The final touch is to add lipstick to my self- portrait.

Then with more energy, I unwrap a new large paintbrush and a tub of red paint and paint a thick line through the "time is money" - blotting out the clock, the = , and even the 10,000 won note.
I write graffiti in large red letters on the wall - ART IS LIFE!.

Finally, smiling, and with brush and paint in hand I leave the scene of the crime!

Here's the video of the performance:

Note for those in Korea:
You can see the exhibition (free entry) at Bukgu Culture & Arts Center Gallery, 1010 Saneopro, Bukgu, Ulsan until Dec. 20. Gallery enquiries Tel: 052-219-7400
Membership of I.C.C. is open to any emerging or established artists of any nationality who are interested in cultural exchange. Please contact Kim Chang Han: Tel: 018-591-3338

Monday, October 29, 2007

The Elements#2 - Goryeong International Performance Art Festival 2007

I was invited to the Goryeong International performance Art Festival in central Korea for the second time on October 20, 2007.There were several performance artists from countries including Japan, Australia, and Korea.

My performance title was "The Elements#2" - in which I made art using only the four elements of fire, earth, water and air.
This was a site specific performance and my performance area was a lovely stone sculpture set in the garden of the Goryeong Artists' Village.

At first I set up 4 glass cups, and added to each cup one of the elements - some rainwater, a burning candle, some air, and some earth from the surrounding garden.

I then proceeded to make an origami box from a large piece of paper.

When my paper-folding was complete I inflated the paper box with my breath (air).

I then mixed the earth and water together to make a painting medium.

With a calligraphy brush I painted ancient alchemical designs representing each of the 4 elements on the sides of the box.

These traditional symbols are based on the form of the triangle - a point-up triangle for fire, point-down for water etc.

To end the performance, I took fire from the candle flame and burned the box to ashes, and doused the smouldering remains with water - thus completing my use of the elemental quartet.

You can watch a 5 minute video below:

Thursday, October 04, 2007

Goyang International Sculpture Symposium, Korea - 'The Beauty Myth', opening performance

On October 2, I was invited as a foreign artist to make an opening performance for the 3rd Annual Goyang International Sculpture symposium. Goyang is located in the north-western part of Korea, close to the border with North Korea. The city is newly affluent and has set out to provide a special focus on culture and arts for its citizens, including an enormous and beautiful lakeside sculpture park. This sculpture symposium invited many renowned Korean and international sculptors, who spent 2 weeks creating large permanent sculpture works for the lakeside park.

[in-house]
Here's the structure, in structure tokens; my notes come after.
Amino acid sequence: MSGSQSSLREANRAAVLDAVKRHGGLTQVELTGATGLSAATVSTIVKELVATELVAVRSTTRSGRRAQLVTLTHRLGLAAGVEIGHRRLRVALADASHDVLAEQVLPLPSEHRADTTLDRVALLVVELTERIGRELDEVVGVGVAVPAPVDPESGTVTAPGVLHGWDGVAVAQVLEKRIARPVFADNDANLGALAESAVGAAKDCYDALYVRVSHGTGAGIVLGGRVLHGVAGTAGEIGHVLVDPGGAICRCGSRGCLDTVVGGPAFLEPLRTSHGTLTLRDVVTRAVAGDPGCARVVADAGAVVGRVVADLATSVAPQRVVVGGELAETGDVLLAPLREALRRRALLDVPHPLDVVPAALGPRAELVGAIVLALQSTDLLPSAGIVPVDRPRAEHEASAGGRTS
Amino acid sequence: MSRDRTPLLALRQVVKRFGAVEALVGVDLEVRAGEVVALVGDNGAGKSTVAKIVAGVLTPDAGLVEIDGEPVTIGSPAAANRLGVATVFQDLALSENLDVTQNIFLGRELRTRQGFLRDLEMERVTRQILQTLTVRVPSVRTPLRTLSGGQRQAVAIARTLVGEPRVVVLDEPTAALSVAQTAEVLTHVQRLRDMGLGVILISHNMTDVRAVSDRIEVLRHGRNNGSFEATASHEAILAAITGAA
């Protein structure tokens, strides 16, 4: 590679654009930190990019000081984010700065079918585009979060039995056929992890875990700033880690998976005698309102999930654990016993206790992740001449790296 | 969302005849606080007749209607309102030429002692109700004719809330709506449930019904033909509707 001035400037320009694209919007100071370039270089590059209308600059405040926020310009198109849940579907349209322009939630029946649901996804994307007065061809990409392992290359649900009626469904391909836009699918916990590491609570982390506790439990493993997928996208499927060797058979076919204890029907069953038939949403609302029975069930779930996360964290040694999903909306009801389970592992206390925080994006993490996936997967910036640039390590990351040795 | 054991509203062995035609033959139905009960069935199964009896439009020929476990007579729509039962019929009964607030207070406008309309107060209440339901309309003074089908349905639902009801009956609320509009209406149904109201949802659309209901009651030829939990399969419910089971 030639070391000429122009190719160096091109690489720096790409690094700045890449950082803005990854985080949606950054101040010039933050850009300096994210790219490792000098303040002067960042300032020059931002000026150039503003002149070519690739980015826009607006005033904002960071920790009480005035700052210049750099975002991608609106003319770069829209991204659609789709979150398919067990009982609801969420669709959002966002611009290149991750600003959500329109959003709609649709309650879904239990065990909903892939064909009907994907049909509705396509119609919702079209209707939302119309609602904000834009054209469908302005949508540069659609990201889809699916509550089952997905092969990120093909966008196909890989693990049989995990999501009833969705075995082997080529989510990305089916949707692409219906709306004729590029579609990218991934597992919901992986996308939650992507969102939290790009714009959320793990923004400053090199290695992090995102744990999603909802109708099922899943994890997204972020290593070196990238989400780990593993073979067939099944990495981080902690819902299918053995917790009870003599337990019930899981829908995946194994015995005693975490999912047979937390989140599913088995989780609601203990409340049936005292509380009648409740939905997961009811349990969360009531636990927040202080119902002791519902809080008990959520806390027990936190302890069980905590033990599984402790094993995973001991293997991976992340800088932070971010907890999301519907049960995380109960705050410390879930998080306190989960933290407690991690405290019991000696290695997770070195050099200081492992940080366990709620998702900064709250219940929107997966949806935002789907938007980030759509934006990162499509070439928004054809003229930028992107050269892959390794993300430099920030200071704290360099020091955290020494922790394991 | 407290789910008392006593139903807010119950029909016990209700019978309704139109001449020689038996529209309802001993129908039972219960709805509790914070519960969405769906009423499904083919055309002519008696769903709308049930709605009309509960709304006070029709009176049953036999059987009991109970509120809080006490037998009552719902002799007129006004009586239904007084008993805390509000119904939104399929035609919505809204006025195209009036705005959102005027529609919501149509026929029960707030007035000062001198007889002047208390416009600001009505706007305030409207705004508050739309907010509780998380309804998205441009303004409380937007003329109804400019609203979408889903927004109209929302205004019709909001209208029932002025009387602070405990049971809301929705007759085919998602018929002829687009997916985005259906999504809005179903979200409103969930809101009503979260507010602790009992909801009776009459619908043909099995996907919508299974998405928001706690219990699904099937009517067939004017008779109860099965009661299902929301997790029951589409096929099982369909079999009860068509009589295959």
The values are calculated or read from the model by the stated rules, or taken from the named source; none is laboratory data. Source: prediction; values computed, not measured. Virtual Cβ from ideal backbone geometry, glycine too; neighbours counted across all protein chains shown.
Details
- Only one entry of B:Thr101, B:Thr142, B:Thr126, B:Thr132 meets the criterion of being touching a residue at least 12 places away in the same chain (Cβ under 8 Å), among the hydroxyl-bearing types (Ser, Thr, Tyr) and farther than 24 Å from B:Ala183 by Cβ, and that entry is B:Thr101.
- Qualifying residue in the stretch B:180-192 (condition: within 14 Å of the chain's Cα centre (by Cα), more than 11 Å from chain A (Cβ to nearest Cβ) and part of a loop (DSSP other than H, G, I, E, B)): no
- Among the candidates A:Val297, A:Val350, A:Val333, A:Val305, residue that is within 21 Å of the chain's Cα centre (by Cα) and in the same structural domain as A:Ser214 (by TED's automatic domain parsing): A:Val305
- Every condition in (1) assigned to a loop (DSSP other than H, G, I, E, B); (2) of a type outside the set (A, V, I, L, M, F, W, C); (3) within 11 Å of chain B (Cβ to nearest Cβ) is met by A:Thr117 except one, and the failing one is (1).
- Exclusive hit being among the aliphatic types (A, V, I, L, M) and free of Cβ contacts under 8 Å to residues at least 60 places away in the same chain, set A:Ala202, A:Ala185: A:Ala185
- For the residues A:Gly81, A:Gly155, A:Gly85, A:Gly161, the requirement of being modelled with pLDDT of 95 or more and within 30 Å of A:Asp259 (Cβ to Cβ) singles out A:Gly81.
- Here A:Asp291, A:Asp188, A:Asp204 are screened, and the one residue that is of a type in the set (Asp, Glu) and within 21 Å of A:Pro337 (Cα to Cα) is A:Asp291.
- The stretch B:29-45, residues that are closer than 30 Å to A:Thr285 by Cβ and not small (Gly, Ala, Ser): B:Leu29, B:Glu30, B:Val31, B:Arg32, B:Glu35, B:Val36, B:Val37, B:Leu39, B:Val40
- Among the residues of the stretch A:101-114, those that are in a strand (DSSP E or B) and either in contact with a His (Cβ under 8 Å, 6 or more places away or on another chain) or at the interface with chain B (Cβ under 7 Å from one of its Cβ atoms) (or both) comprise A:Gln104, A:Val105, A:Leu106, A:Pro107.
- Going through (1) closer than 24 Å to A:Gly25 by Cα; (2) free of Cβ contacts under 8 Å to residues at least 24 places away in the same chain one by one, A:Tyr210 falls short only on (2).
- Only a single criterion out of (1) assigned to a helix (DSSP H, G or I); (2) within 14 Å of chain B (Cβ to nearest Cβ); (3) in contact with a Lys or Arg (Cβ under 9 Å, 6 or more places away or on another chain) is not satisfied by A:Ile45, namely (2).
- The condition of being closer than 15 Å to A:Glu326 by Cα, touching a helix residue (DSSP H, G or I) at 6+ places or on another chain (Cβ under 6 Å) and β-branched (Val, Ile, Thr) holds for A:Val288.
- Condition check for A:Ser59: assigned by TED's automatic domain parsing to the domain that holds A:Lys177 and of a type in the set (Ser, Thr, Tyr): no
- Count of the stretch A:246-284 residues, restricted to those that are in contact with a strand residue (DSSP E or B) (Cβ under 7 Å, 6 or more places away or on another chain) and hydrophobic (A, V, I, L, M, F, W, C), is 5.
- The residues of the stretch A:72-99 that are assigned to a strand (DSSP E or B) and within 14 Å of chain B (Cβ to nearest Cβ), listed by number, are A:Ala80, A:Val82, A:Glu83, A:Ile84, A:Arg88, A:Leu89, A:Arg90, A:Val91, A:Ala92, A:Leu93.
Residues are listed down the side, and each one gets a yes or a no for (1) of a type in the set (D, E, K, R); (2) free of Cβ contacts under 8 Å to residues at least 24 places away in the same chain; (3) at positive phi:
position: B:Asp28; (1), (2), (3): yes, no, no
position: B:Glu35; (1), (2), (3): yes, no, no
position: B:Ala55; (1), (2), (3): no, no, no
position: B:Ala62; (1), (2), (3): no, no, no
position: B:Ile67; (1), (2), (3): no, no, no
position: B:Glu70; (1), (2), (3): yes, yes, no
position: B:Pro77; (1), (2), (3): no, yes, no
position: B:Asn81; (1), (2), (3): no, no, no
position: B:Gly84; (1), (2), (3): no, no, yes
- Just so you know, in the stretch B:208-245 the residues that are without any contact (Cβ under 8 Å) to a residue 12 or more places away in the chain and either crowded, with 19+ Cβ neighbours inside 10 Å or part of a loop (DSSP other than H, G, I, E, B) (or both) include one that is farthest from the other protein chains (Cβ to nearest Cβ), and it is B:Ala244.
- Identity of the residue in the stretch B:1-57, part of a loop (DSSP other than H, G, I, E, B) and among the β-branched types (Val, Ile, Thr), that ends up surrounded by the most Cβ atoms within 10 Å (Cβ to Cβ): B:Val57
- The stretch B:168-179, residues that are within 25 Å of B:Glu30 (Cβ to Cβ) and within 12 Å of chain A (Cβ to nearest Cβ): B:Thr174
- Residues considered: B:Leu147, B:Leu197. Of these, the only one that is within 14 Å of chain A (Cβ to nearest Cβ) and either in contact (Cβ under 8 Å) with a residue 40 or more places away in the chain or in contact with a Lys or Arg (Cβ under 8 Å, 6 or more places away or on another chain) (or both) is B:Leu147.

I chose to perform 'The Beauty Myth' again here because of the 'body as sculpture' aspects of this performance art piece. This performance was similar to previous performances of 'The Beauty Myth' , except for a new ending. I had been researching images of the goddess in different cultures and I had been intrigued by Kali, the dark-skinned Indian goddess of power, life and death.

The ferocious energy of Kali seemed to be the perfect counter-balance to the passive stillness of the white-robed statue woman in the first part of the performance. So when the woman tires of performing as the "beautiful object" and goes within,
she gathers all her repressed energy and emerges as a wild, black-clad, empowered woman. She wields a knife in one hand and the blonde hairpiece like a severed head in the other. This symbolizes killing off the old self, and cutting the ties that bind her to the old ways.

To end the performance she silences the ringing alarm clock with a single thrust of the knife, to show that she has conquered time.

Sunday, September 16, 2007

Chungju International Performance Art Festival, Korea

On Wednesday, September 12, I travelled to Chungju City to take part in the Chungju International Performance Art Festival.